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Hurricane disaster aid at stake as lawmakers feud

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WASHINGTON — Polarized US lawmakers hunted Monday for a way to defuse an angry spending feud that risked choking off disaster relief in Hurricane Irene’s wake and even threatened a government shutdown at week’s end.

Barely two months after a debt-limit battle cost Washington its sterling debt rating and weighed the already stumbling US economy down with more doubts, the divided US Congress had just days to break its paralysis.

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The Senate was to vote at 5:30 p.m. (2130 GMT) on a Democratic bill that would replenish a key disaster relief fund expected to run dry this week while keeping government agencies open past the October 1 dawn of fiscal year 2012.

Failure to reach a deal by Saturday would shut down services deemed non-essential as lawmakers in the world’s richest country figure out how to meet cash-strapped Washington’s obligations.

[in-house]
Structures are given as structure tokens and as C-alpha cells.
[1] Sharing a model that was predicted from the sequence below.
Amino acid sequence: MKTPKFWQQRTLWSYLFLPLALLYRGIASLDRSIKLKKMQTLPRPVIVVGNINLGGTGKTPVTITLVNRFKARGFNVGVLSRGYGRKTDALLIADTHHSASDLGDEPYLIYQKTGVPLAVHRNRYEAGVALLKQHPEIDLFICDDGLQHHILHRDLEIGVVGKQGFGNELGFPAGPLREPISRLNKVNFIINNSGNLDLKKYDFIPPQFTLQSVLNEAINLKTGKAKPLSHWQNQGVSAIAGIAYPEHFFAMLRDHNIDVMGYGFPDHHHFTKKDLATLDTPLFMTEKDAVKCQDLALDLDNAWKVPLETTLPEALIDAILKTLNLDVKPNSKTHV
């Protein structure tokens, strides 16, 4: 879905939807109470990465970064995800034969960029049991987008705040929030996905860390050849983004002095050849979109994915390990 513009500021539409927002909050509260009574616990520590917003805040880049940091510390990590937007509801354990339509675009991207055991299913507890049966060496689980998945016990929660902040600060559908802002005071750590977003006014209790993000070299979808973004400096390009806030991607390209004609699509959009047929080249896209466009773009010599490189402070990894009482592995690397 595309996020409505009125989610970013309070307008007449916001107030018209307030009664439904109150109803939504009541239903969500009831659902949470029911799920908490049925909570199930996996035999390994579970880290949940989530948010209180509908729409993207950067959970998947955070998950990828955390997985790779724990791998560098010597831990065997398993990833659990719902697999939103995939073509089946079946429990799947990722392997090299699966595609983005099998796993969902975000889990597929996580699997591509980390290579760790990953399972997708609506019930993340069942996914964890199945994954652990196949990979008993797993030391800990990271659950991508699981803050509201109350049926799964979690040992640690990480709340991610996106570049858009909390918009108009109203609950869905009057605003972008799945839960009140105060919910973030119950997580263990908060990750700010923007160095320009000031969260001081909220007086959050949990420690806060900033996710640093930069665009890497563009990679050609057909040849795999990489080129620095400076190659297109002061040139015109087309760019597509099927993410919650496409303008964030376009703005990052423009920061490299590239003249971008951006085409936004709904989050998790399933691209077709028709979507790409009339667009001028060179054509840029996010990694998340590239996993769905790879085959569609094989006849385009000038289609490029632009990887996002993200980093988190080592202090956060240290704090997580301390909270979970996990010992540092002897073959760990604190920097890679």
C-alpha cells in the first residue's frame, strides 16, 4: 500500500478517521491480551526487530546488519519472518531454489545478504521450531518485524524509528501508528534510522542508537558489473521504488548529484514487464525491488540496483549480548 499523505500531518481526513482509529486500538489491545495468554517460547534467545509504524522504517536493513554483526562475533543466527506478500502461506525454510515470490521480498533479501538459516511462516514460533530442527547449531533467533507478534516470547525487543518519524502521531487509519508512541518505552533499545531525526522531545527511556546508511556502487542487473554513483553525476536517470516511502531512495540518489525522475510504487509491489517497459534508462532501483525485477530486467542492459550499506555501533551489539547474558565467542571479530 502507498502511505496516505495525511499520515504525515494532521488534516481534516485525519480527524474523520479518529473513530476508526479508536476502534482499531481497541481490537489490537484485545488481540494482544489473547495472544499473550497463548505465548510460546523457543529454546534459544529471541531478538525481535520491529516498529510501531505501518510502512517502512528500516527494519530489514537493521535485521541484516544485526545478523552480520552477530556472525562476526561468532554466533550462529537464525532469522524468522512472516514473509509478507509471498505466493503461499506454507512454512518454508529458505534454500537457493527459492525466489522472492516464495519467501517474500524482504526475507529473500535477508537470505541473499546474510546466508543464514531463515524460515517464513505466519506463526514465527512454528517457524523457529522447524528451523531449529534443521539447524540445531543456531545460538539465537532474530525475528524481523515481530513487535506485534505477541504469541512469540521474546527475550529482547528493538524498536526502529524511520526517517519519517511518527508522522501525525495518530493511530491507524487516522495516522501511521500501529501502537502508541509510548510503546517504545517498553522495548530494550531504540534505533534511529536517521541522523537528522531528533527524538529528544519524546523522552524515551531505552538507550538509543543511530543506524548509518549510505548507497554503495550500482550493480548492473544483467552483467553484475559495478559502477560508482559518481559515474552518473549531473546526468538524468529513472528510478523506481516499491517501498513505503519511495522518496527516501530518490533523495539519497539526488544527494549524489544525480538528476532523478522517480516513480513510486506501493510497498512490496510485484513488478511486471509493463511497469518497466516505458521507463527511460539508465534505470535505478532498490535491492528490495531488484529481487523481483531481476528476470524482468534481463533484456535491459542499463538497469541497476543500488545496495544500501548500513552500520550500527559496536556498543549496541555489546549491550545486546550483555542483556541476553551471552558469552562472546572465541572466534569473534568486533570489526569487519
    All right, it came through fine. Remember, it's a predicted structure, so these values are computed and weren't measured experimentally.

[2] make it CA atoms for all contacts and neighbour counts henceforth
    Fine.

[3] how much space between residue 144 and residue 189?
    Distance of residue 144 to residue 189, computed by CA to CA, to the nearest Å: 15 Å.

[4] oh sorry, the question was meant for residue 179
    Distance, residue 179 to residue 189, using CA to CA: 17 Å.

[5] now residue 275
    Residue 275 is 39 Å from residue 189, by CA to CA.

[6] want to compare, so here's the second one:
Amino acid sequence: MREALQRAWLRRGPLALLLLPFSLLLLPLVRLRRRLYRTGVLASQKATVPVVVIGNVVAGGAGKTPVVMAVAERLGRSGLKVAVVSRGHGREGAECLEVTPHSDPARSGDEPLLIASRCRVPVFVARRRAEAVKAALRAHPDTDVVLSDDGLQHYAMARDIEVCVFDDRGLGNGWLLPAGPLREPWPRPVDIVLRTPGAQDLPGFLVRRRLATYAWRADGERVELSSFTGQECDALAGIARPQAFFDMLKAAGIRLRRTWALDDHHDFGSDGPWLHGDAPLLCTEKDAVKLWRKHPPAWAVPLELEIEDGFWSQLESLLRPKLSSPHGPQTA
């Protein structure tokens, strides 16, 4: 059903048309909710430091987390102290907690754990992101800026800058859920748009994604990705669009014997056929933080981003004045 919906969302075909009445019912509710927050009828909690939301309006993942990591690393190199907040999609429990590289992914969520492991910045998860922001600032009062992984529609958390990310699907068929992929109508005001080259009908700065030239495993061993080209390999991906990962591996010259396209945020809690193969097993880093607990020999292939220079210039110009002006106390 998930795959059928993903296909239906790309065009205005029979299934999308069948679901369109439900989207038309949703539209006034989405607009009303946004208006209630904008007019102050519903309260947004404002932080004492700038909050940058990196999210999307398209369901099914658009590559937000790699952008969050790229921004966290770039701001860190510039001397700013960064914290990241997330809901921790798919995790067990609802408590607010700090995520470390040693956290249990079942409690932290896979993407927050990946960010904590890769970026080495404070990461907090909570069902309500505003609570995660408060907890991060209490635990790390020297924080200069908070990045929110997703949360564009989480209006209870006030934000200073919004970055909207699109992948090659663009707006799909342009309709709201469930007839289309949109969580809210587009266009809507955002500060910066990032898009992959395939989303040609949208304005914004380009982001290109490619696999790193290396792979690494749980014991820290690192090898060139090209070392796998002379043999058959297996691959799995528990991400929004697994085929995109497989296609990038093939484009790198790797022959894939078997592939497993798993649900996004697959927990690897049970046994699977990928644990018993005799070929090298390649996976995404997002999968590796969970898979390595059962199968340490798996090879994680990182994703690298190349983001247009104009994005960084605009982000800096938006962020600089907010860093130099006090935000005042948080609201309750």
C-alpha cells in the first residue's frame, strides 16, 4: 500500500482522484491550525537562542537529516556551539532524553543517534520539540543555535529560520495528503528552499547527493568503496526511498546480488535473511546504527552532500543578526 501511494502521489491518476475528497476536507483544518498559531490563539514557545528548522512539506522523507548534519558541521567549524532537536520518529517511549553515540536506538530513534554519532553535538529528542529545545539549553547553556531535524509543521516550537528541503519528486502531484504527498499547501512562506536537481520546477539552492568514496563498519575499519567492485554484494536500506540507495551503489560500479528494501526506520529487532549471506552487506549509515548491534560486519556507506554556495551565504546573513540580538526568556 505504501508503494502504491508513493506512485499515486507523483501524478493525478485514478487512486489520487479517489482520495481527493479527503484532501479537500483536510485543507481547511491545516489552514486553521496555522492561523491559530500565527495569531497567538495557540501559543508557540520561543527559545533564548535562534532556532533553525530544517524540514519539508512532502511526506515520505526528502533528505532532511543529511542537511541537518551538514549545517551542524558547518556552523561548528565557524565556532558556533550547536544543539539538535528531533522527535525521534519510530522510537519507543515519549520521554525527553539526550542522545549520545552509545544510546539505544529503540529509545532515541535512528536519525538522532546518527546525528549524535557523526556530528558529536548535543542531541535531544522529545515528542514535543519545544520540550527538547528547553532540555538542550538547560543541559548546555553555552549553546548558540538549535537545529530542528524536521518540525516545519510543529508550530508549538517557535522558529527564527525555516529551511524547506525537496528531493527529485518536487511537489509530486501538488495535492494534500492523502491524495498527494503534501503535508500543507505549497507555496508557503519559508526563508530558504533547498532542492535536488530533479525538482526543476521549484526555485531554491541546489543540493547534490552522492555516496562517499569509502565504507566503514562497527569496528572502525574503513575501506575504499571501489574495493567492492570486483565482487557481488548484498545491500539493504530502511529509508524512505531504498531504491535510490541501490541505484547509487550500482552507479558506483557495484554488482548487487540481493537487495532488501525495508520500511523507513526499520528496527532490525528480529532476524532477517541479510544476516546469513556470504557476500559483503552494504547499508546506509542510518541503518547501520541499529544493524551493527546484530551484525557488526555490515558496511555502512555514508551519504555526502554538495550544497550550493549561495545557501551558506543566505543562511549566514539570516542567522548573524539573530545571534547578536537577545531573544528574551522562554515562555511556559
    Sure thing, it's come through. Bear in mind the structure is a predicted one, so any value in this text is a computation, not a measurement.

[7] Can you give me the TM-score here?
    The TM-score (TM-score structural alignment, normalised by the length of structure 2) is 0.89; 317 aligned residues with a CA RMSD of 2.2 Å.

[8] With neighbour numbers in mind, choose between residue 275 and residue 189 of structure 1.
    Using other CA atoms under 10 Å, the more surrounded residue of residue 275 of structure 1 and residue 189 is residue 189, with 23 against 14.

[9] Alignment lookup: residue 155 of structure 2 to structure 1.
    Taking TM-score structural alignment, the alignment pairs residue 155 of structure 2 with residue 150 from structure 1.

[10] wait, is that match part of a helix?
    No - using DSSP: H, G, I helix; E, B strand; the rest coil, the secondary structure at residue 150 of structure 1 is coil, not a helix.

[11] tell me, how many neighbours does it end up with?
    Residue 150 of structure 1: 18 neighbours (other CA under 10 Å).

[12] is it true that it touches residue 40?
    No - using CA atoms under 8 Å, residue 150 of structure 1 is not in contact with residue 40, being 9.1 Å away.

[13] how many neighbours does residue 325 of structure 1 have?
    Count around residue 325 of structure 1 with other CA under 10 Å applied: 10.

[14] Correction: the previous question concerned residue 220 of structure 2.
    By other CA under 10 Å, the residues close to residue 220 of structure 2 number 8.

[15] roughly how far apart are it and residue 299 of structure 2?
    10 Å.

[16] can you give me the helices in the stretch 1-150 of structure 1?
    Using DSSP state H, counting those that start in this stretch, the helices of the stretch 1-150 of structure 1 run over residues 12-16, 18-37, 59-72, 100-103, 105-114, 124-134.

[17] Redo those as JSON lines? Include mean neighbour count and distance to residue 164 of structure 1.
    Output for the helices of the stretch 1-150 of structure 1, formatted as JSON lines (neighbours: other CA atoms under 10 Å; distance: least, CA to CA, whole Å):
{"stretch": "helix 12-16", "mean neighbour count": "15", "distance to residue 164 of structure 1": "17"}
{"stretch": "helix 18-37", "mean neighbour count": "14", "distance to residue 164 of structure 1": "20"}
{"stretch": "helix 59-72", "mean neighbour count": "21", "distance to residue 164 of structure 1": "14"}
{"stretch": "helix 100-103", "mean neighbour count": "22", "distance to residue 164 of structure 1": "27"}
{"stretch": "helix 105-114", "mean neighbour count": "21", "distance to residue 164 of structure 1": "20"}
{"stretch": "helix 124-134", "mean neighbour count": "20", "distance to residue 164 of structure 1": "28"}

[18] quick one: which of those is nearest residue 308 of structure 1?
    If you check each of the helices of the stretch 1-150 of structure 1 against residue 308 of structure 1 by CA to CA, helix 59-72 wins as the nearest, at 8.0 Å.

“If there were ever a time when we have the obligation to do the job at hand, it’s here,” said Democratic Senate Majority Leader Harry Reid, who insisted “there’s no more time to waste.”

It was far from clear that Reid would corral the seven Republicans he needed to reach the 60 votes required to advance the bill, which would also fund the US government through November 18.

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The Federal Emergency Management Agency (FEMA) said that the fund, drained by devastating tornadoes, Texas wildfires, and Hurricane Irene, had barely $114 million dollars left, perhaps enough to get to Thursday or Friday.